It might not have felt like Christmas, with the thermometer reaching 50 degrees, but Grove City's Town Center again was turned into a holiday wonderland Dec. 2.

The annual Christmas Celebration included the holiday parade and tree-lighting ceremony, seasonal music, live reindeer and the chance for youngsters to have their picture taken with Santa Claus.

Young and old alike could take care of some holiday shopping at a Secret Santa shop in the Grove City Welcome City and Museum and the Mistletoe Market.

More than 20 vendors participated in the market, held in City Hall and at Town Center businesses.

Danielle Lowe of Columbus was offering customers materials to make their own pearl pendant or ring.

They could choose an oyster -- guaranteed to contain a pearl -- and a pendant or ring in which to place the jewel.

"It's amazing that something so beautiful could come out of an oyster, which is kind of ugly," Lowe said.

"I love watching people's reaction when they open their oyster and find out the color of their pearl," she said. "It's like a scratch-off lottery ticket, except you know you're going to get a prize."

Lowe started her business, Danielle's Pretty Pearls, about three months ago. She gets her oysters from a pearl farm in Japan.

The Mistletoe Market was the third time she has participated in a craft fair. Lowe also holds pearl parties in person and via her Facebook page.

"I always donate a portion of my sales at any event or party to a charity chosen by whoever's hosting the event," Lowe said. "I like to say I'm selling 'pearls for a purpose.'"

At the Mistletoe Market, Lowe was donating a portion of her proceeds to the event's Secret Santa Shop.

While Lowe was participating in her first Mistletoe Market, Linda Neff of West Jefferson has been involved for so long, "I remember when the market was held in a tent outside."

Lowe and her partners, Donna Tyst and Rick Sargent, were selling a variety of hand-knitted items, from hats to mug rugs.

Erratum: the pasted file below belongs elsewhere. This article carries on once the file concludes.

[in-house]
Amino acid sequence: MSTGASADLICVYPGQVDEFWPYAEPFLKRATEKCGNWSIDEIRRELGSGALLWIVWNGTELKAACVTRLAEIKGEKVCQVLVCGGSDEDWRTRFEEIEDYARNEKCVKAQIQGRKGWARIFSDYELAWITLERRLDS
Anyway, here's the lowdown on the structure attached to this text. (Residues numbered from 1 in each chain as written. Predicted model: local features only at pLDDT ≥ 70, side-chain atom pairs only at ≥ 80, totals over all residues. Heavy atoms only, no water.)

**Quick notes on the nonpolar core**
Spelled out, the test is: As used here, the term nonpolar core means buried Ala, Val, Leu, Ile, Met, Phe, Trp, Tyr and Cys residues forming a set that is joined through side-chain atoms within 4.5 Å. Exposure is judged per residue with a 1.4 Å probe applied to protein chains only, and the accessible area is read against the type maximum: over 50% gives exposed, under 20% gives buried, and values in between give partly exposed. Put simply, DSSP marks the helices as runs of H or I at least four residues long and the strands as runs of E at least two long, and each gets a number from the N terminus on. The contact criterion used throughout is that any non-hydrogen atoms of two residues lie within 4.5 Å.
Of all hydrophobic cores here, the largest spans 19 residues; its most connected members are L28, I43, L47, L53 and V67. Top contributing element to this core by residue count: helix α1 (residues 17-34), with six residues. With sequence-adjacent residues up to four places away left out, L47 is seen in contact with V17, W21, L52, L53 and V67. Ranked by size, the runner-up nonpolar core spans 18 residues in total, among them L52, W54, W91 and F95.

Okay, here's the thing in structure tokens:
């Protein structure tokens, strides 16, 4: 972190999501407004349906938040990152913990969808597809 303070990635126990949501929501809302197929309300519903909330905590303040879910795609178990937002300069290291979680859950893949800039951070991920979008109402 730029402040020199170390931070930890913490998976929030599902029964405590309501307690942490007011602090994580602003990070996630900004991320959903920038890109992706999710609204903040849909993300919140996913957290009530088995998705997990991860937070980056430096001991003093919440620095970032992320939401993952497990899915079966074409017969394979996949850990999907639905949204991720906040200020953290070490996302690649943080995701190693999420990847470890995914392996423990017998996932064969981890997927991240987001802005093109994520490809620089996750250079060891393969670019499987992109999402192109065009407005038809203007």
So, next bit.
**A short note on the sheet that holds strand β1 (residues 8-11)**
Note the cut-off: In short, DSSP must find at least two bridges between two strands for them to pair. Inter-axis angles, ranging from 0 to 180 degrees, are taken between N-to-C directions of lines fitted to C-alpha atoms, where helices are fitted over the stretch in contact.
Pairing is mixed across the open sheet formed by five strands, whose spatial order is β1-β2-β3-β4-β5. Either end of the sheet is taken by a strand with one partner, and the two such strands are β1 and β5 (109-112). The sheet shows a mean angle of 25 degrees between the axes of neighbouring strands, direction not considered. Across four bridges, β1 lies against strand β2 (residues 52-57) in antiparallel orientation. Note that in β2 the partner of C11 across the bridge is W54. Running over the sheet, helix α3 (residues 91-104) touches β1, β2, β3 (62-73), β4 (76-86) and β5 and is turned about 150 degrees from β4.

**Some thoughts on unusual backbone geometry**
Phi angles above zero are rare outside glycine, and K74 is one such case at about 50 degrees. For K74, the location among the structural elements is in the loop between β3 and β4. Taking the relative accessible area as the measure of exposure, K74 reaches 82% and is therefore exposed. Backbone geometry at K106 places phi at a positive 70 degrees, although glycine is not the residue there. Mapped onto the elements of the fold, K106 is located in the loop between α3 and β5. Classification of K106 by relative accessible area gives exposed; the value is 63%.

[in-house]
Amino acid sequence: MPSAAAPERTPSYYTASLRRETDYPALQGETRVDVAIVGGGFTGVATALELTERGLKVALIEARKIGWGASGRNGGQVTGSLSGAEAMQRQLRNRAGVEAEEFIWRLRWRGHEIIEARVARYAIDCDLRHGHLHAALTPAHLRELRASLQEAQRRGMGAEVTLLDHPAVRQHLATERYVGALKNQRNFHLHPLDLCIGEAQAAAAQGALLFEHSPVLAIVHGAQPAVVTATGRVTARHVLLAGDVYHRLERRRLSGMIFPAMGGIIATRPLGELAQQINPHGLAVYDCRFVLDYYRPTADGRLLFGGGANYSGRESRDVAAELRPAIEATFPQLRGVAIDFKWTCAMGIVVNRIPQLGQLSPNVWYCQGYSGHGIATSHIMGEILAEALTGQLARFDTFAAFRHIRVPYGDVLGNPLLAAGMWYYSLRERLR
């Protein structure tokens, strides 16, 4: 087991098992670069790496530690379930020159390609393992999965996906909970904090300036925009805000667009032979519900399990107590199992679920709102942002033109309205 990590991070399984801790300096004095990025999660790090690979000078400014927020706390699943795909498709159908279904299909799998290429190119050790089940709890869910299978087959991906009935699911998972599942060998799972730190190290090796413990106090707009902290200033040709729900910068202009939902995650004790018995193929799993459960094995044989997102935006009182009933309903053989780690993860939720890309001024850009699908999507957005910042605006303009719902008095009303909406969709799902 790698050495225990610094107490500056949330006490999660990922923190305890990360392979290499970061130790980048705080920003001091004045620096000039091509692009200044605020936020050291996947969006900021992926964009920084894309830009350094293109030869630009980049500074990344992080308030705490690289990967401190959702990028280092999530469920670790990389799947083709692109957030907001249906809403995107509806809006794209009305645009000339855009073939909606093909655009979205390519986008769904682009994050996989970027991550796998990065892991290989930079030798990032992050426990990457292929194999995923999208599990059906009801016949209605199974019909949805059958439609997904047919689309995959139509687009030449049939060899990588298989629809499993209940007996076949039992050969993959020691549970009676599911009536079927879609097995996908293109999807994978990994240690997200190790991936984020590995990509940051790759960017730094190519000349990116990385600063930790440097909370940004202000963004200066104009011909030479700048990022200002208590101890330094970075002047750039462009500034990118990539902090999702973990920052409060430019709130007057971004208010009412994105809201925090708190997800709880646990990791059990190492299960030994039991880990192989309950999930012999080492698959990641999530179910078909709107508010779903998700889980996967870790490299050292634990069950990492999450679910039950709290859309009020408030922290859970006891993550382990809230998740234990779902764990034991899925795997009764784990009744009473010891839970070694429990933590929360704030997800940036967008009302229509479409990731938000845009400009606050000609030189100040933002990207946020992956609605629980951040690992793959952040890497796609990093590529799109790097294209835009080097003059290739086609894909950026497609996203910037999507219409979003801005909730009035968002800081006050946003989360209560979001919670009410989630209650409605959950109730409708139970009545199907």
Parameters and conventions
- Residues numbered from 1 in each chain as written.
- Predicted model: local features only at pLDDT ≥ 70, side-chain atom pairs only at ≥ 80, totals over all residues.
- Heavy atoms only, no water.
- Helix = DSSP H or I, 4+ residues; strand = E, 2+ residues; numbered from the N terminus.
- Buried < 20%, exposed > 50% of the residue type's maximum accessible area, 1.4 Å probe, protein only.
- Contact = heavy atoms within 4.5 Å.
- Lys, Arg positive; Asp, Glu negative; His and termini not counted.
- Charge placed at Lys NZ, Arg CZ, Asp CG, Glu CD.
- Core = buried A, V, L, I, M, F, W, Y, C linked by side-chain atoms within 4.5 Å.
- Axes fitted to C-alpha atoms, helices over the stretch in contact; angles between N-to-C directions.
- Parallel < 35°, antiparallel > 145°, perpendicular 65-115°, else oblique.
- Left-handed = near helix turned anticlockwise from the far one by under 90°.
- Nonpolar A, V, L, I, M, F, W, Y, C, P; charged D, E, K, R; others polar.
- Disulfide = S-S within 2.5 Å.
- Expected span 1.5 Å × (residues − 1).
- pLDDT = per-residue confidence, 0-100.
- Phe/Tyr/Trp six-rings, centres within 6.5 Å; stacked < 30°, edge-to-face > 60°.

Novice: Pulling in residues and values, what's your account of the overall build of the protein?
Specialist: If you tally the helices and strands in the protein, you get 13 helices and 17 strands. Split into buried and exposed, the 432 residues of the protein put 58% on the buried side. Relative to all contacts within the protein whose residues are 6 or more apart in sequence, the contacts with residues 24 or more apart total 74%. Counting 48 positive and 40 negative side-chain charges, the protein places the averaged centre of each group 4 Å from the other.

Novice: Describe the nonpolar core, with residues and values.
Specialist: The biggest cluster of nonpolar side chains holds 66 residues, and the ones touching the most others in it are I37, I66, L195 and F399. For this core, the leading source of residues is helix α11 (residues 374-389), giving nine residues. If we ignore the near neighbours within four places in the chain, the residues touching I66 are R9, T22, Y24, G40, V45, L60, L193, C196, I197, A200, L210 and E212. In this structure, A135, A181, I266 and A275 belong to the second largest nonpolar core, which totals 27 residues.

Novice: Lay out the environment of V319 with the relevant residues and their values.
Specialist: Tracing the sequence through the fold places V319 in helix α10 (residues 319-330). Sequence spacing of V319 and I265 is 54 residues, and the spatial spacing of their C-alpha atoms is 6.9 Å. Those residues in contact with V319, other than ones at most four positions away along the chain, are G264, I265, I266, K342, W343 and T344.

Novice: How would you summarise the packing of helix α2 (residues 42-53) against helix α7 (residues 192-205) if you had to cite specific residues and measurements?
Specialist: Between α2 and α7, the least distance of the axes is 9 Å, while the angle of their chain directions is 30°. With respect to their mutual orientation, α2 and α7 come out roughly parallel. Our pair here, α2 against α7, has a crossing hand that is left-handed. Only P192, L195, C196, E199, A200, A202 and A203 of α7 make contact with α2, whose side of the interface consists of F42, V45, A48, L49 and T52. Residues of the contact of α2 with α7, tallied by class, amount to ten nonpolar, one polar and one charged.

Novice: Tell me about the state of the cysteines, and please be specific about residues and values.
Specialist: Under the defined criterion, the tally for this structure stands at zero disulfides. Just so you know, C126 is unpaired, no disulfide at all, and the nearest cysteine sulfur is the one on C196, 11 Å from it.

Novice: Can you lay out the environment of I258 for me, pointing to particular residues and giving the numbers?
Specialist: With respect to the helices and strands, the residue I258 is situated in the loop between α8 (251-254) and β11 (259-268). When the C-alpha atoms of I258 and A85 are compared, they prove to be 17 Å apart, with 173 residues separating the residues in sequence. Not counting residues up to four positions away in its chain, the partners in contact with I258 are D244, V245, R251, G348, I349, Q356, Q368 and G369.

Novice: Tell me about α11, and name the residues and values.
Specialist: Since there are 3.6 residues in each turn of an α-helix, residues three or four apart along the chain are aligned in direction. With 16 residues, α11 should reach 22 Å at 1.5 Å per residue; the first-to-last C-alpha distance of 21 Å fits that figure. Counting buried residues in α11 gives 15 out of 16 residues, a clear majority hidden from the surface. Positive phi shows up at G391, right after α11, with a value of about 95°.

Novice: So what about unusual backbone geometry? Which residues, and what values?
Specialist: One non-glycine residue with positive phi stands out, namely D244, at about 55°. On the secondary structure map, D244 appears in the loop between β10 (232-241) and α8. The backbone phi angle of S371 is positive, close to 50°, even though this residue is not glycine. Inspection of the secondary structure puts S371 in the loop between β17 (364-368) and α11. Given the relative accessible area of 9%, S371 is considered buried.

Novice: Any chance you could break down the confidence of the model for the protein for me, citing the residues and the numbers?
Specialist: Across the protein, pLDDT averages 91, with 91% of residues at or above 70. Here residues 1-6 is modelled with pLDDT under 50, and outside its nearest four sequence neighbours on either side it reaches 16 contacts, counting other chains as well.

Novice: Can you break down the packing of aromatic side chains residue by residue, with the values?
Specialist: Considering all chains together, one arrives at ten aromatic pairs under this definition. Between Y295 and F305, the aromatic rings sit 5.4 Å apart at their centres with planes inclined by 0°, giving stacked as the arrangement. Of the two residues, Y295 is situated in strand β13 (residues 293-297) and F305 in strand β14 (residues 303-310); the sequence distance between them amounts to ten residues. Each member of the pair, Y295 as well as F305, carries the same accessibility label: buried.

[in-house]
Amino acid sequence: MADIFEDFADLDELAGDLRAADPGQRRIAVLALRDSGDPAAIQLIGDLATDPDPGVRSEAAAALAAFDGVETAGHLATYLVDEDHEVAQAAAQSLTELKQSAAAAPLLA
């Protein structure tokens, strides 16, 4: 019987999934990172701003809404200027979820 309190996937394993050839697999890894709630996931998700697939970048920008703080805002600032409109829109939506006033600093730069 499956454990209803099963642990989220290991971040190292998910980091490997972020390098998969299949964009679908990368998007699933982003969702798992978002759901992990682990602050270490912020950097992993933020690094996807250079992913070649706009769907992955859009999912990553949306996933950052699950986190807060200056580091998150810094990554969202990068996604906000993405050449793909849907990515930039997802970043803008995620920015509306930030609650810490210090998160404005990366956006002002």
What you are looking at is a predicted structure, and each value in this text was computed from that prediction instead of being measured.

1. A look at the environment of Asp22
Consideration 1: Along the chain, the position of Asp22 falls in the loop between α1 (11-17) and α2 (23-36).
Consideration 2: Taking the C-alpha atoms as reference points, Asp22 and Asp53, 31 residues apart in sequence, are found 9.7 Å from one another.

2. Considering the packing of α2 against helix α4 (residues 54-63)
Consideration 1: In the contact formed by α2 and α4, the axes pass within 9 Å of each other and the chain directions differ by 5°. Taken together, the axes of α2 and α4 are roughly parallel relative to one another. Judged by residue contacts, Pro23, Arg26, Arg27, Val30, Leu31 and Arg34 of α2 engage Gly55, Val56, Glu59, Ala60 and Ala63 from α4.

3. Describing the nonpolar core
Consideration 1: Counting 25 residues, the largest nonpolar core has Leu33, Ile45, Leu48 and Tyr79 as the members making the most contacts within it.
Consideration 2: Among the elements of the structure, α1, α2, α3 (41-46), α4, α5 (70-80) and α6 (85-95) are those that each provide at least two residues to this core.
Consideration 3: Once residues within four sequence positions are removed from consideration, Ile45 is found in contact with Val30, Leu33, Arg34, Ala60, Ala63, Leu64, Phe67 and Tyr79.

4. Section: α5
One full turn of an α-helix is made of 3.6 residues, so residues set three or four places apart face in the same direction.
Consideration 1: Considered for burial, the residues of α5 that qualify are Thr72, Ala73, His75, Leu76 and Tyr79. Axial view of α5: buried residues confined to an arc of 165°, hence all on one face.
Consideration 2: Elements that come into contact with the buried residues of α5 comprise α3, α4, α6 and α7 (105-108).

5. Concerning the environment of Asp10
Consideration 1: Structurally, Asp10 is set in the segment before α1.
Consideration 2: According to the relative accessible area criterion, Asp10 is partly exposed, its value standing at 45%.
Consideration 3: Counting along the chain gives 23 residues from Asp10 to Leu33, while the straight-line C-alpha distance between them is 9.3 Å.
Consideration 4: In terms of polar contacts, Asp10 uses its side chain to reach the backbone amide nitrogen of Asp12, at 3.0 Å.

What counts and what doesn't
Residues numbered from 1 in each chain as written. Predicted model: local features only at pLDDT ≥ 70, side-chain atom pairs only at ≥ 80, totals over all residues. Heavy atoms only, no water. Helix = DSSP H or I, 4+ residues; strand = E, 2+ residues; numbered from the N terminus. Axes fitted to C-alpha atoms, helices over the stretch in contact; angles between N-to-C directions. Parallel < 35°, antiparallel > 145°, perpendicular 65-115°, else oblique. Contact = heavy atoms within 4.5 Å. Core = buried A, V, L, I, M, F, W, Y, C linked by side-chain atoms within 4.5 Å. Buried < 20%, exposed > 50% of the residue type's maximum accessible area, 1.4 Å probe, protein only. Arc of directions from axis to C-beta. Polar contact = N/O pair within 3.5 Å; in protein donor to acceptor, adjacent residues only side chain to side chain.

The mug rugs, which serve as a decorative place to set a mug, cup or glass, are among the most popular items she makes and sells, Neff said.

Another popular item is a bowl cozy.

"They're microwave safe and it allows you handle a bowl of soup after you've heated it up in the microwave oven," Neff said. "Or they're good for a bowl that's ice cold, too."

Neff participates in both the Mistletoe Market and the Wine and Arts Festival each year in the Town Center.

"The best part is just meeting the people," she said. "I love the Mistletoe Market especially, because families come in together and it's just so festive."

Crocheting is a relaxing pastime for Neff.

"It's something I can do while I'm watching TV," she said. "It's soothing."

She especially enjoys making crocheted hats, she said.

"There are so many patterns to work with," Neff said. "And you really don't know exactly how it's going to turn out until you're finished."

Outside, ice sculptor Greg Butauski created Santa and teddy-bear sculptures from blocks of ice he had shaped using a chain saw and die grinder.

It was far from freezing when he began, but Butauski said that was no problem.

"The biggest problem you have is the wind and the sun," he said. "Unless the temperature's in the 70s, that's what you have to worry about."

Butauski owns Rock on Ice, whose team of artists are able to create sculptures from pumpkins, cheese and sand, among other materials, in addition to ice.

"The thing about ice sculpting is that it's quick," he said. "You don't have time to fool around. It's not like making a sculpture out of granite or wood. As long as I don't have to worry about wind or the sun, I'll get an ice sculpture down in about 45 minutes."

He became interested in ice sculpting while a student at the University of Akron.

"I lived in a dorm that had a lot of culinary arts students," Butauski said. "The first time I watched someone doing an ice sculpture, I knew it was something I wanted to do. I can't describe what it was that grabbed my attention -- it just did.

"I had been an engineering student, and I immediately switched to culinary arts," he said. "My parents weren't too crazy about that."

Rock on Ice personnel create sculptures at hundreds of events each year, Butauski said.

"People are really interested in the process," he said. "They want to know how we do it. In a way you're putting on a show for them."

A steady stream of youngsters lined up with their parents to visit Santa Claus at the George Edge Music Park.

Grove City resident Jason Johnson brought his children, Lillian, 1, and Shane, 5, to the Christmas Celebration.

"They loved visiting with Santa," Johnson said. "It was Lillian's first time to meet Santa and she was pretty excited. Her eyes were wide."

The Christmas Celebration is "a wonderful family event," he said.

"With the tree and all the decorations and the parade, it gets you into the spirit of Christmas," Johnson said.

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